Students' perception of classes measured through their opinions on teaching surveys allows to identify deficiencies and problems, both in the environment and in the learning methodologies. The purpose of this paper is to study, through sentiment analysis using natural language processing (NLP) and machine learning (ML) techniques, those opinions in order to identify topics that are relevant for students, as well as predicting the associated sentiment via polarity analysis. As a result, it is implemented, trained and tested two algorithms to predict the associated sentiment as well as the relevant topics of such opinions. The combination of both approaches then becomes useful to identify specific properties of the students' opinions associated with each sentiment label (positive, negative or neutral opinions) and topic. Furthermore, we explore the possibility that students' perception surveys are carried out without closed questions, relying on the information that students can provide through open questions where they express their opinions about their classes.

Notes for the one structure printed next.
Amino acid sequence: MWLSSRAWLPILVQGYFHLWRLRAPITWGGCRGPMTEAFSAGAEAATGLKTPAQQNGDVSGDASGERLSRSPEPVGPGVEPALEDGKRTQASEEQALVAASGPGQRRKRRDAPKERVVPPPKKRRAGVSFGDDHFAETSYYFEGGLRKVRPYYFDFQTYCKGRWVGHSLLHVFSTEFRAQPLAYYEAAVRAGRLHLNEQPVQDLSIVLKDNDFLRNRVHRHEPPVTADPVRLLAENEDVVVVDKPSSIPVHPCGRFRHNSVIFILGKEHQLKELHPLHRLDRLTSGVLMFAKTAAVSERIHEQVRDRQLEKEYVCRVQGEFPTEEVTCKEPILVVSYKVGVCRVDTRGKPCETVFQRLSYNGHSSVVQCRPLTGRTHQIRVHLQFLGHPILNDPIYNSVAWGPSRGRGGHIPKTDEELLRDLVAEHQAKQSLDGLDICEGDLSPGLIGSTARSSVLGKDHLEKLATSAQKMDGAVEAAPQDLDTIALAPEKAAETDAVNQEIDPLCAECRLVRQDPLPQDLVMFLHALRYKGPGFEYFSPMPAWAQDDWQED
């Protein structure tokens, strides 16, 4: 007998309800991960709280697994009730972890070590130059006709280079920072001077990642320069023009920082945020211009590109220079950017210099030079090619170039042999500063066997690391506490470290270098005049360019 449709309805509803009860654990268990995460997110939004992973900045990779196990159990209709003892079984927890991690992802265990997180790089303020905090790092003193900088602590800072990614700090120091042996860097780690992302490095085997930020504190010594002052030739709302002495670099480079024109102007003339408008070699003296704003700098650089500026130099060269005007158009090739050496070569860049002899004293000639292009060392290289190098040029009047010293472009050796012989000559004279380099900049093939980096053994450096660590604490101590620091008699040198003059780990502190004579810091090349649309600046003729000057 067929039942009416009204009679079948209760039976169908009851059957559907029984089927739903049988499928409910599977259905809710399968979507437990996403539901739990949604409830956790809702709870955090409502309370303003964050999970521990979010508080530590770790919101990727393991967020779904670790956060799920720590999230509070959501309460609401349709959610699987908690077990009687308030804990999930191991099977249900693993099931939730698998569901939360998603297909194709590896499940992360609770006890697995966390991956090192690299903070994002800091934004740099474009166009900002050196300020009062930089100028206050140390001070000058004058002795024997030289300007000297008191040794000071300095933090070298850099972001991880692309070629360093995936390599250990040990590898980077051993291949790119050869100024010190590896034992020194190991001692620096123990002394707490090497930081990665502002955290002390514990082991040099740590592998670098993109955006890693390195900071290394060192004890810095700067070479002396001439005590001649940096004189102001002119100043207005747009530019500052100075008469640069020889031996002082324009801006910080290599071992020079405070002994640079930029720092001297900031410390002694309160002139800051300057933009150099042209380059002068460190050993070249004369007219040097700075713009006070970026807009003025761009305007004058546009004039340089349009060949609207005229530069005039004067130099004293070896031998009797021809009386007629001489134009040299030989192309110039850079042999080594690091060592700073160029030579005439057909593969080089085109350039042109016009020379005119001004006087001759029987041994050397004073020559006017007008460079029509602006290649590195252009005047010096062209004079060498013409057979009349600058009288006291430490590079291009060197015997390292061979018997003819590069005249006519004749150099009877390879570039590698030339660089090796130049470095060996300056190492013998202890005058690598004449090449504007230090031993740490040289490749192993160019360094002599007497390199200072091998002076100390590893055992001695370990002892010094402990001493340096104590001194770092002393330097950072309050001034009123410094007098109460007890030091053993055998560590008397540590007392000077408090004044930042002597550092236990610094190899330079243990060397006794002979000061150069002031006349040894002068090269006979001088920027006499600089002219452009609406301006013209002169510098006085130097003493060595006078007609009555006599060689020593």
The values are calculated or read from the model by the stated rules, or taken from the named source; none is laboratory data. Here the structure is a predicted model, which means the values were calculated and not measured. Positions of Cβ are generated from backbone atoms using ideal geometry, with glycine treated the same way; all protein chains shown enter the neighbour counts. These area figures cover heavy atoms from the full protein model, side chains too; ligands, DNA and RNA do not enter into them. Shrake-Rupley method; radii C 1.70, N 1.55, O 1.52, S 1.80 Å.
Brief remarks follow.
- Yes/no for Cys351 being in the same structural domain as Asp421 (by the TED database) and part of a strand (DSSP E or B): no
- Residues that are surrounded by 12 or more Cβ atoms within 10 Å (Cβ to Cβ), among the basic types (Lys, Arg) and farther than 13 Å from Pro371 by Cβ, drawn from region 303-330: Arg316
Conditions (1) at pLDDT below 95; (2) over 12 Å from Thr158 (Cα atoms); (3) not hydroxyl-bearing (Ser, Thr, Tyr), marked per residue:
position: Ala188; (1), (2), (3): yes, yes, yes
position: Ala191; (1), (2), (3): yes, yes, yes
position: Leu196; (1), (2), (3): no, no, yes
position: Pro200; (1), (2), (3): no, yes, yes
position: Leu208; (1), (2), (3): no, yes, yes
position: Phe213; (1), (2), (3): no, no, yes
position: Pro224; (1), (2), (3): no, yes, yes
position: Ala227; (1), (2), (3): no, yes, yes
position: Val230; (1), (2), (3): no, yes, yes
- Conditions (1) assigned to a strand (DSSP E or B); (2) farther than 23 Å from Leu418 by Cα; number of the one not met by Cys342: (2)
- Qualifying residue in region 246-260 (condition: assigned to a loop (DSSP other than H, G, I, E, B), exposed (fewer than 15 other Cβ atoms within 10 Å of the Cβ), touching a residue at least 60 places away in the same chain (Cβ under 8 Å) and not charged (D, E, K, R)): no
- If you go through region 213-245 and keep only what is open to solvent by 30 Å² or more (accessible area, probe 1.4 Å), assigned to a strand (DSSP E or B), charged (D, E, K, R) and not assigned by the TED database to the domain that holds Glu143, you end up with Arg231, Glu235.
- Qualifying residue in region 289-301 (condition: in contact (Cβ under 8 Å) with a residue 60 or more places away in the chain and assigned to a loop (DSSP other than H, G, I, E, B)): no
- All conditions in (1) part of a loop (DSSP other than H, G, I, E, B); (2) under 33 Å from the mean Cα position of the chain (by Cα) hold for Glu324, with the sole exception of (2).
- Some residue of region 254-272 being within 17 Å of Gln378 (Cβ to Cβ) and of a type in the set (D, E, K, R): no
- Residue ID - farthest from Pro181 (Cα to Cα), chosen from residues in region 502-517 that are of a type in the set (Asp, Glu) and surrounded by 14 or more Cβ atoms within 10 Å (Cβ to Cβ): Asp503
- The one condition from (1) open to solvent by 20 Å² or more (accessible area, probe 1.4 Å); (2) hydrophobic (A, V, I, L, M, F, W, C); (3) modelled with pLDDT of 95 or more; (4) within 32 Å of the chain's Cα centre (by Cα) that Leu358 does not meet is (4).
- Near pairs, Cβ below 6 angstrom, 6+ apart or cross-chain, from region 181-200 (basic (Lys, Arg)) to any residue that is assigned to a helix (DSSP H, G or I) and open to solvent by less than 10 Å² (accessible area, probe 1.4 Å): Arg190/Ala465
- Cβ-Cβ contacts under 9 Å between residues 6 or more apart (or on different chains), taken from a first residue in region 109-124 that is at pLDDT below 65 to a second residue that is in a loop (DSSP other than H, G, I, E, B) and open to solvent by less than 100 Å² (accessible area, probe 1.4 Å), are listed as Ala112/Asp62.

This paper describes a builder entry, named "strawman", to the sentence-level sentiment analysis task of the "Build It, Break It" shared task of the First Workshop on Building Linguistically Generalizable NLP Systems. The goal of a builder is to provide an automated sentiment analyzer that would serve as a target for breakers whose goal is to find pairs of minimally-differing sentences that break the analyzer.
In order to resonate with the viewers, many video advertisements explore creative narrative techniques such as "Freytag's pyramid" where a story begins with exposition, followed by rising action, then climax, concluding with denouement. In the dramatic structure of ads in particular, climax depends on changes in sentiment. We dedicate our study to understand the dynamic structure of video ads automatically. To achieve this, we first crowdsource climax annotations on 1,149 videos from the Video Ads Dataset, which already provides sentiment annotations. We then use both unsupervised and supervised methods to predict the climax. Based on the predicted peak, the low-level visual and audio cues, and semantically meaningful context features, we build a sentiment prediction model that outperforms the current state-of-the-art model of sentiment prediction in video ads by 25%. In our ablation study, we show that using our context features, and modeling dynamics with an LSTM, are both crucial factors for improved performance.